I ate too much that first year. It was
strange because I'd never had trouble with my weight before. Now,
all of a sudden, I was a full-fledged stress eater.
It was Mulder's fault, of course. Working with him would make anybody fall into unhealthy patterns. Cro-Magnon man loose in New Jersey--a pine of Ben & Jerry's. UFO's in Okobogee--a pan of brownies. By the time we got to eight-year-old girls being reincarnations of murdered police officers, I was up to half a cheesecake.
Unfortunately, the FBI is one of those places where they expect you to stay fit, in shape, all that jazz so you can chase the bad guys without dropping dead of a heart attack.
Of course, I knew that, but I was so deep in denial--not to mention high-quality ice cream--that it surprised me when a Bureau psychiatrist came by to chat.
"I'm happy to work with you on this problem," she said gently, sitting in Mulder's chair, looking at me with sympathetic eyes over Mulder's desk.
"I don't have a problem," I said, refusing to look directly at her.
"The physician who referred you to me said you've gained fifteen pounds since you started your latest assignment."
Sugar is an insidiously horrible thing. One minute you're having a reasonable discussion with a psychotherapist, the next, the Ho-Ho you ate for lunch turns you into a stark raving bitch.
"You want to know what my problem is? It's that insane partner of mine. You work with that nutcase for a couple of weeks and see if you aren't hitting the Twinkies."
The doctor nodded sagely. "Would you like to request a change in assignment?"
My bluster disappeared as quickly as it had come. "No." I put my face in my hands. Quitting now would be admitting defeat. And if there was one thing Bill Scully's girl Starbuck did not do, it was admit defeat. "No. I'll just . . . I'll go to the gym more often, I guess."
"It might help," the doctor suggested in her irritatingly calm voice, "if we figured out the root cause of your weight gain."
I gave her a dark look, one I'd perfected lately on Agent "Bane of My Existence" Mulder. "I've been eating too much."
"Well, yes, but why?" The therapist's gentle smile was becoming extremely annoying.
"I don't know," I conceded.
"My guess is it's a response to some kind of emotional stress. Have you been under any kind of emotional stress?"
Does a bear defecate amongst the trees? "I don't know," I said, the sarcasm so thick I could taste it. "Why don't you name some kinds of stress and I'll tell you if I'm experiencing any of them."
She seemed determined to take me seriously. "Job pressure is one we run across quite often in the Bureau. Or anxiety about the dangers of your position." She paused, waiting for me to jump in. I didn't. "What about your social life?" she went on. "Perhaps some kind of unresolved sexual tension?"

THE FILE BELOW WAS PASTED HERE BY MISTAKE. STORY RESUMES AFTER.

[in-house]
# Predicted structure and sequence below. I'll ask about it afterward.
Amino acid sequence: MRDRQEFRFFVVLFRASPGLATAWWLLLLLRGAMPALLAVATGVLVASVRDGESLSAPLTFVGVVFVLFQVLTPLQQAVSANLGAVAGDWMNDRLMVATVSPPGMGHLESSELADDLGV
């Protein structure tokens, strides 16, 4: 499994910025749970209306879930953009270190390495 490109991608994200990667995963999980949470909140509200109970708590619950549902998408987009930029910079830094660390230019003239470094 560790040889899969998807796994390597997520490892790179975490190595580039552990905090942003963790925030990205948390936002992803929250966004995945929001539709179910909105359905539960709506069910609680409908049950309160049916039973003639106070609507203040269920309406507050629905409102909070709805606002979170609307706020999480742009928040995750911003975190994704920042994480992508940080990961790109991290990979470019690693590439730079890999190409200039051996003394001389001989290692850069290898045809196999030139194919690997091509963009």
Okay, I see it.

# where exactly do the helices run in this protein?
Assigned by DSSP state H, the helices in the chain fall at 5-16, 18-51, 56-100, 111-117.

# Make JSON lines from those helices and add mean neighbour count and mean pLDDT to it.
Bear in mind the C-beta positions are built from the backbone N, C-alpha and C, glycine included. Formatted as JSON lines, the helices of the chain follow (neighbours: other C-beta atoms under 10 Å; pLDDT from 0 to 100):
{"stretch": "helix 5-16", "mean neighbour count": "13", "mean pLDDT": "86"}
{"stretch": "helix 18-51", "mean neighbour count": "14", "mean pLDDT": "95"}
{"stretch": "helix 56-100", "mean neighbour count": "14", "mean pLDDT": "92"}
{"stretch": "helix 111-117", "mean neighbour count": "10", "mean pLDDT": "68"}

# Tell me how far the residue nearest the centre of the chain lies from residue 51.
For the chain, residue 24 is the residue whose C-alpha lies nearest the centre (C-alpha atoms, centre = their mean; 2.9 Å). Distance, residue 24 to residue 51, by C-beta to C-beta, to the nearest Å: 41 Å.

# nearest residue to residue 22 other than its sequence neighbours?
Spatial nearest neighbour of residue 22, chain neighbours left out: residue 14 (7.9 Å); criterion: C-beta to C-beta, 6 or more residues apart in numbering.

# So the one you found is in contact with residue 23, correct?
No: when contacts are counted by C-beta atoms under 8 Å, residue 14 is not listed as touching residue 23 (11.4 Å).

"I'm sorry. Am I interrupting?"
I swung my head around to see Mulder standing in the doorway, his eyebrows raised in a kind of hyperintellectual amusement.
I felt my face go hot. I shoved to my feet. "Thank you very much," I told the therapist. "I'll get back to you if I need anything else."
With her soft, complacent smile, the therapist rose from the chair.
"I look forward to talking to you again, Dana," she said as she walked past Mulder and out of the office.
Mulder watched her go, then came in, flopping into his chair. "What was that all about?"
"Nothing," I snapped. He put his feet on the desk and leaned back in his chair, looking at me with those not-quite-brown, not-quite-hazel, totally puppy-dog eyes. "I'm going to the gym."
Then there was that whole frozen dead brain in a bucket thing. When Mulder started talking about mental telepathy between twins, I developed a sudden craving for cookie dough.
Unresolved sexual tension, my ass.
"We don't seem to have made much progress," the therapist said when she summoned me to her office a few days later.
We? What "we" was this? "According to the trainer I'm working with, my body fat has dropped two percent."
"That's good. Now, is there anything I can do to help?"
"I don't think so."
"Maybe we could explore some of the possible factors influencing your diet?"
The therapist smiled sweetly. Here we go, I thought.
"Is there someone in your life you feel strongly for but are afraid to pursue?"
I decided to go along for a while, just to see where she was headed. "How would that make me fat?"
"If you feel a strong attraction to someone, yet feel this relationship might be inappropriate, then subconsciously you might see the weight as protection. If you make yourself unattractive to this person, then you render yourself safe from the dangerous inappropriate relationship." She paused. I was too dumbfounded to say anything. Finally she continued, "Do you think this might be what's going on?"